Getting a Good Fuel Sample when Sumping

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    • #1561
      Roscoe Rosché

      A Cheetah with the normally horse powered engine came in and he was running Mogas in one tank and 100LL in the other. This is since we are near the time when winter fuel is in the tanks of the gas stations and we have a few warm days (it was 75 F here today), so to prevent vapor lock, he takes off and lands on the 100LL and burns Mogas in cruise.

      As he prepared to leave I saw his fuel sample and it was tan, so I asked about which tank had 100LL (he had told me the other tank). So I got a pint jar and took this sample. Yep, that is water, not Mogas with 100LL floating on top. Fuel and Water small

      So I told him to check his scupper drain (may be cracked letting rain into the tank (we had a bit the other night and he does tie down outside), the scupper could be debonded or his cap does not fit tight (not a 1979 AA5A).

      The moral of the story is to check you fuel well.

    • #1598
      Shannon Stebbens

      First and foremost, thank you for posting the graphic photo of the fuel sample. This is a great example of a picture telling the story better than words.

      I have witnessed this before, albeit not in a Grumman but rather a King Air. I noticed the fuel sample looking odd; it was in a quart canning jar. Continued draining and after more than a gallon of water was removed, a good fuel sample was obtained. I have only seen this once in 40 years but one time can be catastrophic.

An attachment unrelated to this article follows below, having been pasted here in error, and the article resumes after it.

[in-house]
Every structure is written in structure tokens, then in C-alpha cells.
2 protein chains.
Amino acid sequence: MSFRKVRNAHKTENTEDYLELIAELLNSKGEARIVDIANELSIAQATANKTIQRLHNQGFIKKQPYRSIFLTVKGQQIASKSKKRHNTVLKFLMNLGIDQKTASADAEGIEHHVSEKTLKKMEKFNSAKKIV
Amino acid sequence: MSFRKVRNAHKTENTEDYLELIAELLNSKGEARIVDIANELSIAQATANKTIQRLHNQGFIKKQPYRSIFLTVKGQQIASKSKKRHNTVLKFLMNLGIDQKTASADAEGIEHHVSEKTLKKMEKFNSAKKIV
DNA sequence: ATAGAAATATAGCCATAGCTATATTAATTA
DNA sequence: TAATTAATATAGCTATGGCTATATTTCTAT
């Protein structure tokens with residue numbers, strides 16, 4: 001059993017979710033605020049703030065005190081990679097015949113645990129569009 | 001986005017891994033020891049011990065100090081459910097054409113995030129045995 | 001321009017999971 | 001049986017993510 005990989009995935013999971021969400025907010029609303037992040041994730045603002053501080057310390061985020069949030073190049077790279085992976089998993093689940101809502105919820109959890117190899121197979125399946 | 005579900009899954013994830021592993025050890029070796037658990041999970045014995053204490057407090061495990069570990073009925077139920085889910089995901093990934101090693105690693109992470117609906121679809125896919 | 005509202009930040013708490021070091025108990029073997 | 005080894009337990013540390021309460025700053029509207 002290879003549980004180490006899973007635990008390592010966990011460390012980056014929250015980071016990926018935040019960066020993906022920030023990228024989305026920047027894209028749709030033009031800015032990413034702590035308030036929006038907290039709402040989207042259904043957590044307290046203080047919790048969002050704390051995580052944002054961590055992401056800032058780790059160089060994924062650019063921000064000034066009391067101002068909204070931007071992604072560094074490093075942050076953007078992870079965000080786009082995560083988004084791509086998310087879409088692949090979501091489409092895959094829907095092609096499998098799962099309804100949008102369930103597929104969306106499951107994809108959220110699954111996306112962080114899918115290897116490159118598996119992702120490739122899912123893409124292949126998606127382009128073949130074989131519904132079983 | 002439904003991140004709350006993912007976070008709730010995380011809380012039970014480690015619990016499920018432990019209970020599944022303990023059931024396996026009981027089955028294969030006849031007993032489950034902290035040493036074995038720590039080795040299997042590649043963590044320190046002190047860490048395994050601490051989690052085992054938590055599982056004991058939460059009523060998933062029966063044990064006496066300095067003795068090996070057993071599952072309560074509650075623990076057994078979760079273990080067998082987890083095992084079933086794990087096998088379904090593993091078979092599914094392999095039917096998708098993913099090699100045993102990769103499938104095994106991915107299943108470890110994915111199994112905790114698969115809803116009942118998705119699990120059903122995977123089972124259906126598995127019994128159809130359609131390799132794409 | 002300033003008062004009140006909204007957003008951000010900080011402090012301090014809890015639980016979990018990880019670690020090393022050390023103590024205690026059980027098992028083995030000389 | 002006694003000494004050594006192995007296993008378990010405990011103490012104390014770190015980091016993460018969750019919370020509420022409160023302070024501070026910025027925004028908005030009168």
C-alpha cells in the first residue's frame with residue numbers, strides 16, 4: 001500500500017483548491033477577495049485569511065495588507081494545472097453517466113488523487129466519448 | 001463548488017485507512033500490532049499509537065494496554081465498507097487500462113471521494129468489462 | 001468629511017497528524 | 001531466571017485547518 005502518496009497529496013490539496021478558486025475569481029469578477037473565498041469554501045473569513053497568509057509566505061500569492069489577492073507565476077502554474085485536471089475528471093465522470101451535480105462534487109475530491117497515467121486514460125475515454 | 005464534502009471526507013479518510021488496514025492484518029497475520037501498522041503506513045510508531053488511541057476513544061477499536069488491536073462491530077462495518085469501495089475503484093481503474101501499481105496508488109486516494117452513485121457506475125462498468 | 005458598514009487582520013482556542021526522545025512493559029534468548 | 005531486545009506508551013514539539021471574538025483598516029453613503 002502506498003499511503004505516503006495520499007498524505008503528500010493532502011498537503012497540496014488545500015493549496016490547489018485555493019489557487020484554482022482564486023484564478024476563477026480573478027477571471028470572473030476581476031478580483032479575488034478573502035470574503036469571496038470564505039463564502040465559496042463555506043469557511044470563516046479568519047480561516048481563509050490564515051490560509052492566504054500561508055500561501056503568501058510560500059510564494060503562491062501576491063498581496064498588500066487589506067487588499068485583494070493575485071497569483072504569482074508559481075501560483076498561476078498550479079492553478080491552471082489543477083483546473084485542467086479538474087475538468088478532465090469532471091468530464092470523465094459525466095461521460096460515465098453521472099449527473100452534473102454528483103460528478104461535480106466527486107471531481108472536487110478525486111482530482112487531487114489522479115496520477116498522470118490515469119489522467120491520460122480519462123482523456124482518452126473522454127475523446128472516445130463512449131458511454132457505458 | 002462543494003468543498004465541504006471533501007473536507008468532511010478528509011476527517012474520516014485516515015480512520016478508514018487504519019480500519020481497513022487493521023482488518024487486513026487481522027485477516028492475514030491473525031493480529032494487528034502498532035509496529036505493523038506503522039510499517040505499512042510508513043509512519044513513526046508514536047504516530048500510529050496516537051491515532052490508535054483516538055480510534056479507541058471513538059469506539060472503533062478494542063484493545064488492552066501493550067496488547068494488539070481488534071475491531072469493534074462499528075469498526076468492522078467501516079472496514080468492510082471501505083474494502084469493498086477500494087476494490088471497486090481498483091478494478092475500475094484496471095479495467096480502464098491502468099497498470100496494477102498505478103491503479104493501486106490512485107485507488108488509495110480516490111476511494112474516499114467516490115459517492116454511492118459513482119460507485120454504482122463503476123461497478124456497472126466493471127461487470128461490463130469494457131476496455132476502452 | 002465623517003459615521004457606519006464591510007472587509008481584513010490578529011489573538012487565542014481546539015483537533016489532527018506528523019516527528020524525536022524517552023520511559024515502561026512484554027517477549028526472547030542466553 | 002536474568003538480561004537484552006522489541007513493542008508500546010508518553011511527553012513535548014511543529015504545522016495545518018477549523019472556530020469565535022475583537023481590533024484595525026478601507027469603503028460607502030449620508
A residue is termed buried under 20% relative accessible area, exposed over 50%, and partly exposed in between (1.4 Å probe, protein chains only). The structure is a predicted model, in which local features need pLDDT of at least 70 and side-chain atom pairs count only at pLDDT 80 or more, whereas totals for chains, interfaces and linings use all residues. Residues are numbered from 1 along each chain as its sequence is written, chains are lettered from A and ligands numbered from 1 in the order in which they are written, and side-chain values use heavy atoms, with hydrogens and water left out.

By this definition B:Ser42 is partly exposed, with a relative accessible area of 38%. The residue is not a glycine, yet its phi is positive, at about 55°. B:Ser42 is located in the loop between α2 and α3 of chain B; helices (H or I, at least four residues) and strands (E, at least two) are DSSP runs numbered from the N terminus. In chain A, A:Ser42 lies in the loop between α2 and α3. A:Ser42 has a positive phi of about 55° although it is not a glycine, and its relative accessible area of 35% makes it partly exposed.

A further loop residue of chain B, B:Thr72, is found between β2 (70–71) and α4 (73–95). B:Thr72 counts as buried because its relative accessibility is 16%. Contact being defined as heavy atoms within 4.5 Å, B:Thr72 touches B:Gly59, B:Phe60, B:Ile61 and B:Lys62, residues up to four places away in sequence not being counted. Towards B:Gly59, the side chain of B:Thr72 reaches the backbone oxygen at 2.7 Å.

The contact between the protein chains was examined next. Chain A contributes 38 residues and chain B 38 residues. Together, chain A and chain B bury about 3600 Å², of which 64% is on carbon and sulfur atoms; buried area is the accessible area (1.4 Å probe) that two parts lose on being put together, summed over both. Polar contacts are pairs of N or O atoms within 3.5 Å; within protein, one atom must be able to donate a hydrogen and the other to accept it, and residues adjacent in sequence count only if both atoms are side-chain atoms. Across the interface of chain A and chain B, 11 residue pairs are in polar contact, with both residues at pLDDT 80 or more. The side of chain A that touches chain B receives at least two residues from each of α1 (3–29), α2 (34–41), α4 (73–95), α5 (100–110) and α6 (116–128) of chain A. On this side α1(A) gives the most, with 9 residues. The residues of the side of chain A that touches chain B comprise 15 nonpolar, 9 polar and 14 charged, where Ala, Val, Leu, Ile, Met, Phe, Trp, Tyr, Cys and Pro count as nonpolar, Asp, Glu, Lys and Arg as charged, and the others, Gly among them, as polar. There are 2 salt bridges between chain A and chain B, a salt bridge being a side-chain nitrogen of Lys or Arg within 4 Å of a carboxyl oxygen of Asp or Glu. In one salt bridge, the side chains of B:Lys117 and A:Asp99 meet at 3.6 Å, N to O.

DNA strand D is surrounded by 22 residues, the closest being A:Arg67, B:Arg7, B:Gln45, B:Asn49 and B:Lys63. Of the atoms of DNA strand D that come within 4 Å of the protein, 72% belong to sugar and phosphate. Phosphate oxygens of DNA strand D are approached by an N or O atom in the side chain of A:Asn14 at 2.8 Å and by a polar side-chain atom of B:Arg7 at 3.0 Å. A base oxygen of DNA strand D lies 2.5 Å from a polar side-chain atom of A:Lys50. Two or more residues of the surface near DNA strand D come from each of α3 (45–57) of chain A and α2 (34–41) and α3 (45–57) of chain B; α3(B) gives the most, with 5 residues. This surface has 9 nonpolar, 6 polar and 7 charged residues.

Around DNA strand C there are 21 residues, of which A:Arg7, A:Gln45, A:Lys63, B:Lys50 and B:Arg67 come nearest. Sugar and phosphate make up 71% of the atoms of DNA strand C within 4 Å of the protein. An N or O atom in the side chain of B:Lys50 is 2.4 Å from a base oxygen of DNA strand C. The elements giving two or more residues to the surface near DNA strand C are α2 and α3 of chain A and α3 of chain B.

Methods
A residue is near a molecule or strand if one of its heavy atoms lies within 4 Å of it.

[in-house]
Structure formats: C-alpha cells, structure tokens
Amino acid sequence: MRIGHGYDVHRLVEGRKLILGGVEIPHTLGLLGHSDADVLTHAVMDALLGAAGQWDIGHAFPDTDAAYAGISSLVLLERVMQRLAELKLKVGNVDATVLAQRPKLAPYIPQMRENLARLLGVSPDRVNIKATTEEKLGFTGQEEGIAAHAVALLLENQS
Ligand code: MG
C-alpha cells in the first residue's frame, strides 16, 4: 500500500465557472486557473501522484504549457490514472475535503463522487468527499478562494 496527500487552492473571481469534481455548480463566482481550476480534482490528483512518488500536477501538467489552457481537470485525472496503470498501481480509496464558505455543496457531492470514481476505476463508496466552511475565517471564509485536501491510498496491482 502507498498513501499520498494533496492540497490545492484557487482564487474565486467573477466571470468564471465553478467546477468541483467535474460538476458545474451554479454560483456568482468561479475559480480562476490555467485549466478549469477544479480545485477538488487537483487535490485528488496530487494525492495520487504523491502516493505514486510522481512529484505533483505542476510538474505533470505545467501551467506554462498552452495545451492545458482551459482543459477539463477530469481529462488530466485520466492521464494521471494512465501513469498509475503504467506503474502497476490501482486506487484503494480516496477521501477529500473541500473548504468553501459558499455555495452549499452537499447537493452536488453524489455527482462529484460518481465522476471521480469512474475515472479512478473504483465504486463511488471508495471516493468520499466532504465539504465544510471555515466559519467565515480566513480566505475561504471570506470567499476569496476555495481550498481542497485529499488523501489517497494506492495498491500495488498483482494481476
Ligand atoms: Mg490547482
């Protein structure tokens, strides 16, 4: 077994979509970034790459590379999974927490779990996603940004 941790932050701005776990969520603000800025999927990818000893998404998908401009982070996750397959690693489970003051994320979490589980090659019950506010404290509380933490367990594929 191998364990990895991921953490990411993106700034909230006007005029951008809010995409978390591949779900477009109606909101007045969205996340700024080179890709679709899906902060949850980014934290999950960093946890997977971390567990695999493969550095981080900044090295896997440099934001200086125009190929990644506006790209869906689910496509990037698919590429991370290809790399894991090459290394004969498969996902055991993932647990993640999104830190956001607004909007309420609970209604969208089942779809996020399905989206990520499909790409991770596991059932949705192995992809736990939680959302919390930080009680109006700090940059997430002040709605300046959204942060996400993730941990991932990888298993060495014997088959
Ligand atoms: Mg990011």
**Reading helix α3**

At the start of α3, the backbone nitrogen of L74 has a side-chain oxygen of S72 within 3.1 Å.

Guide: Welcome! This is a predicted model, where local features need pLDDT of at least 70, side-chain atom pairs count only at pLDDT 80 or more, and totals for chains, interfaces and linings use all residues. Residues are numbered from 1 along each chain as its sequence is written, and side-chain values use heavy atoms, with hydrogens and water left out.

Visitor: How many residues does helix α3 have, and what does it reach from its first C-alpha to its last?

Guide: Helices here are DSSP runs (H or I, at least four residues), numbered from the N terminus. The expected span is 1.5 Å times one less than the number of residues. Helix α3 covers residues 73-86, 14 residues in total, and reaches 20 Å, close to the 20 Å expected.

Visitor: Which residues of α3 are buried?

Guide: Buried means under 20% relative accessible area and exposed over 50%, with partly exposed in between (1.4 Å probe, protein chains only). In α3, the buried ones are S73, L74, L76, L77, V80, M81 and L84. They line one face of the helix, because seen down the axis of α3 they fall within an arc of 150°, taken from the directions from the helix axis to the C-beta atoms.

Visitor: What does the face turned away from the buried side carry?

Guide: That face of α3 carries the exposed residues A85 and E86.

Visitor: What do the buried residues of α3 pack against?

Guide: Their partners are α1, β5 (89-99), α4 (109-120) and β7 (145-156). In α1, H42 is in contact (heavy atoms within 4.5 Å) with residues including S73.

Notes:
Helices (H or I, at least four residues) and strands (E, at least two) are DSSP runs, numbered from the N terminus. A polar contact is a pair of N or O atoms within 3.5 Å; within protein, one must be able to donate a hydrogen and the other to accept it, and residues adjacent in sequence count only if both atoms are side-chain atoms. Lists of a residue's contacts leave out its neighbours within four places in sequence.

• #5350
      Dennis Cheever

      This brings up a question I have. We have a tank drain and a sump drain. Why? Isn’t the sump drain lower, therefore where the water will actually collect? Has anyone found water at one and not the other?

    • #5359
      Roscoe Rosché

      In the original planes they sat in a much more level attitude. In flight that wing sump is at the bottom. I have opened several planes (4-place) that have been completely drained of fuel and still had a good 1/2 gallon in the back inboard corner, usually with a little water and debris. In the case of a ’79 Tiger with the flush caps, not well maintained, a lot of water.



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